Over the last few years businesses, HR departments and employees have changed their expectations around wellbeing, mental health and health and safety – policies and procedures have been changed and amended to reflect the change in requirements and needs. Pregnancy is considered and provided for, and some organisations even allocate specific leave for fertility treatment to ensure women needing this support still get sufficient holiday too. So why is it that provision for the menopause is so woefully lacking.
It’s an interesting situation, and a little confusing, as 1 in 3 women in the workplace are of menopausal age. So why is this consistently overlooked for such a large proportion of the workforce?
The average age for the menopause in the UK is 51. Although, there are many cases of premature menopause and premature ovarian insufficiency (POI), which affects approximately 1 in 100 women in the UK. Physical & psychological symptoms are reported to exist on average for 8 years, which is a large percentage of a woman’s working life.
Whilst some women notice almost no symptoms, the majority (around 80%) experience very noticeable changes and symptoms.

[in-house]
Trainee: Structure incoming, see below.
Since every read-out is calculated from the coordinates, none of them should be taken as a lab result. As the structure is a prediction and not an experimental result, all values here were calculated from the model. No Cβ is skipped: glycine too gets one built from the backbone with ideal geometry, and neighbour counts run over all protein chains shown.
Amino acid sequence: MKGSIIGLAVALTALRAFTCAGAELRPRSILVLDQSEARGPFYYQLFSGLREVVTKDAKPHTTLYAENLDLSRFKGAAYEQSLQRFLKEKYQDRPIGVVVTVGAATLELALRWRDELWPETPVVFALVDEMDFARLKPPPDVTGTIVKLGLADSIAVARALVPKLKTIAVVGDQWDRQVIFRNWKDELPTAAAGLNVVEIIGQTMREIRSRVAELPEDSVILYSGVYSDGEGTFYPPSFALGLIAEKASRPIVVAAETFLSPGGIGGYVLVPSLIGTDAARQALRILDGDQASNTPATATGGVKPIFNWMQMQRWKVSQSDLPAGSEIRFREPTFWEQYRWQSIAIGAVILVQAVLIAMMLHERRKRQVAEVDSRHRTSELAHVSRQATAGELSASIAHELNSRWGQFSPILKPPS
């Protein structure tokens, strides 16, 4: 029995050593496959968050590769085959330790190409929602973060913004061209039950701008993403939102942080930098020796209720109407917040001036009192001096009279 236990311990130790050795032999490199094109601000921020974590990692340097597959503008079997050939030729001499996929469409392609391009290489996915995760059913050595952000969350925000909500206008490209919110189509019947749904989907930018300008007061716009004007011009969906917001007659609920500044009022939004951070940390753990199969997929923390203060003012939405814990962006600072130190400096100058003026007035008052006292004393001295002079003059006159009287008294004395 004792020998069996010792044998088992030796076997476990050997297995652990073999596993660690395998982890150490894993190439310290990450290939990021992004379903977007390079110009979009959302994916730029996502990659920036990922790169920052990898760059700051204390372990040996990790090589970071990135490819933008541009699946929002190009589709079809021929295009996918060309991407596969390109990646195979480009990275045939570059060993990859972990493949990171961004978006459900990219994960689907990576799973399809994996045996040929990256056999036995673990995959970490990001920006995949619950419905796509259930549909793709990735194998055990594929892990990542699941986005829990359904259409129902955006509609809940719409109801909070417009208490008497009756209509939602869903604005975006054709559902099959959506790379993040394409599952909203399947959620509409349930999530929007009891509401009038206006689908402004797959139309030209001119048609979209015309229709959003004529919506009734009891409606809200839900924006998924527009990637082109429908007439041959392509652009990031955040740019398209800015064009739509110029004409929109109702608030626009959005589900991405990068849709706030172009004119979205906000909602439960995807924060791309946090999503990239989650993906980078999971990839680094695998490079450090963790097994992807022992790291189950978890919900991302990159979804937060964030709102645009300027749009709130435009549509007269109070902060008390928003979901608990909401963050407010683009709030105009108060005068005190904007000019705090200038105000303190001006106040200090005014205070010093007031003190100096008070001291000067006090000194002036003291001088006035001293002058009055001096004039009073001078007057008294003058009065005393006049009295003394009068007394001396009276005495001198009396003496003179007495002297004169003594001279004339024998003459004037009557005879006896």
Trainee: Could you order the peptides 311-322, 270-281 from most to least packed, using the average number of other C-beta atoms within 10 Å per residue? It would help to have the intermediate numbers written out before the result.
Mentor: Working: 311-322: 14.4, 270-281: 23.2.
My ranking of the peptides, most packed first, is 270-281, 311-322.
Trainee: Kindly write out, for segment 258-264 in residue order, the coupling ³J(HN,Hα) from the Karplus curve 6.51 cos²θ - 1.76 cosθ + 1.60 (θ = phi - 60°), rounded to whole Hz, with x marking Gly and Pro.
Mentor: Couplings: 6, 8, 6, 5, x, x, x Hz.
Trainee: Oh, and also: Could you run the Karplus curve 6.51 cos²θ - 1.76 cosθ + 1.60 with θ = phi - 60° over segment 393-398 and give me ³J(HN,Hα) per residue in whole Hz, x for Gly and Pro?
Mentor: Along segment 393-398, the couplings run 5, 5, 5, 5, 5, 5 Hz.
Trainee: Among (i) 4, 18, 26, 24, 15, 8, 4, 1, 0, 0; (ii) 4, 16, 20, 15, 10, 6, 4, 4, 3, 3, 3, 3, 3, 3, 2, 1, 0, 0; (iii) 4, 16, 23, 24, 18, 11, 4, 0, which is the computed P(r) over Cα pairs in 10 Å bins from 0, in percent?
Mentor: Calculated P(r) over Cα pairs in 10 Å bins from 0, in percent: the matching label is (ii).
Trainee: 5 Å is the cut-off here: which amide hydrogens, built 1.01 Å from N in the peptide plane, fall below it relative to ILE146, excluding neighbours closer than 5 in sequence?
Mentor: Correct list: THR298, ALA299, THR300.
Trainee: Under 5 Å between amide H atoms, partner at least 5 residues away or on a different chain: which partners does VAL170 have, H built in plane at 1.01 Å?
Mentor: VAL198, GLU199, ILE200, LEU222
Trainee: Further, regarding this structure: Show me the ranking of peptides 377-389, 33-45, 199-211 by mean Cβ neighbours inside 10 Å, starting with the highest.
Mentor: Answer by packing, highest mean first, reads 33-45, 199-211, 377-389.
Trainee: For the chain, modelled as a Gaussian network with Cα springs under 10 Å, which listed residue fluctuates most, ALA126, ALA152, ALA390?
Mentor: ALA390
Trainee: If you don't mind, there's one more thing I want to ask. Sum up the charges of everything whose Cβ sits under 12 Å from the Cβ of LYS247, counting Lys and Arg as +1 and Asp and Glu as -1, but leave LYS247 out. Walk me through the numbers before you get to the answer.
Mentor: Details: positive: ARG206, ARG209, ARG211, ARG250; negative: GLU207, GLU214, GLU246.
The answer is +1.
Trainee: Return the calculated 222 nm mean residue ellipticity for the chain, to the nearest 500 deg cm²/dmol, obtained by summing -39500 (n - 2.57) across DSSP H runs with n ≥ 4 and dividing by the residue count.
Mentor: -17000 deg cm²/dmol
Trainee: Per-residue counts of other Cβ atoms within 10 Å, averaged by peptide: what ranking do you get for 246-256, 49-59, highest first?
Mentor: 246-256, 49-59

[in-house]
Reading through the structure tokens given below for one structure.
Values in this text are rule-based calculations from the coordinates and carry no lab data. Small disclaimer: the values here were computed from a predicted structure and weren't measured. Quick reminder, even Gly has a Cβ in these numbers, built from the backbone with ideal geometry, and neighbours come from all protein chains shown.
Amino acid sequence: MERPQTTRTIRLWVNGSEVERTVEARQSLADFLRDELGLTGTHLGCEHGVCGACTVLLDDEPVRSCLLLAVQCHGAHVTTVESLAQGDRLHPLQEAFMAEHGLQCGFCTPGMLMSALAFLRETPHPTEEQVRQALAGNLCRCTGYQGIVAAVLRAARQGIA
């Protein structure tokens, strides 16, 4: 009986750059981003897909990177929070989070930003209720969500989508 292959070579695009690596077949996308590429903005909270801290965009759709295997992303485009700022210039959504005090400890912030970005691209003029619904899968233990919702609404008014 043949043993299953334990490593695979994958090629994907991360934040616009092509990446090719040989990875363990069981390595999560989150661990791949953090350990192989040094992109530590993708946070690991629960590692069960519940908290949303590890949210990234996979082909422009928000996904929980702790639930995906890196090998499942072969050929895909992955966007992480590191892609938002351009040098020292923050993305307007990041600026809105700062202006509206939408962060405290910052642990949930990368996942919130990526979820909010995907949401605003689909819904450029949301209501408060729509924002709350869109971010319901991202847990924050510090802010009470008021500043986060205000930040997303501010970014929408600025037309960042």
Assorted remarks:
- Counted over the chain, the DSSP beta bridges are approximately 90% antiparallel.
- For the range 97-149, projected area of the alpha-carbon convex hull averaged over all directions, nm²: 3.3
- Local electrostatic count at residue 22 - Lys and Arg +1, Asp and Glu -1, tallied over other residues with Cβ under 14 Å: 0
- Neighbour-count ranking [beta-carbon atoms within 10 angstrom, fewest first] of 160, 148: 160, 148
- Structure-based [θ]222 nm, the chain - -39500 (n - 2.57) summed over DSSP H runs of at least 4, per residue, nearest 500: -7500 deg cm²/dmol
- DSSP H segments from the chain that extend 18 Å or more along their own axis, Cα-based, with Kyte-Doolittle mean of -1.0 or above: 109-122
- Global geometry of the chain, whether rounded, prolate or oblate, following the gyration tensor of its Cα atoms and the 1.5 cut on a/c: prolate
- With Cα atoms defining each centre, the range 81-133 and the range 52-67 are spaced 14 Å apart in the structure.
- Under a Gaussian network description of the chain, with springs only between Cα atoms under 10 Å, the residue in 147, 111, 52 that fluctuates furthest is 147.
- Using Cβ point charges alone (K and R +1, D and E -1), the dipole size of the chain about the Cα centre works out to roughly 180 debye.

With 4.4 million women aged 50-64 in the workplace (ONS2019) this group represents a large proportion of our UK workforce and many sectors such as education, health and social care will have a particularly high proportion of women. According to the Government report on menopause, this is the fastest growing workforce demographic and 8 out of 10 peri menopausal women are working in some capacity or other – so why the silence, why the discomfort and what needs to change?
It is a sad truth that many women lie about their reason for absence during this phase and in the worst cases may leave work as a last resort. It’s reported that they don’t feel comfortable to cite and share the true reason for absence, using other excuses instead. This approach in itself makes the situation worse and exacerbates their feelings of vulnerability.
With more women in the workplace than ever before, reviewing your menopause policy is an investment in future generations, plus organisations who have more women at the top perform better financially. There are many benefits of raising the awareness and talking about this subject – removing the stigma and the taboo of something that happens to every single woman. If organisations increased retention among female staff, not only would they increase the knowledge base and bottom line, but they would increase diversity at senior levels too. In recent years, there have been notable cases where women have been performance managed out of organisations as a result of menopause and then successfully won tribunal cases for substantial sums. Businesses need to consider whether they can afford the revenue and reputational cost.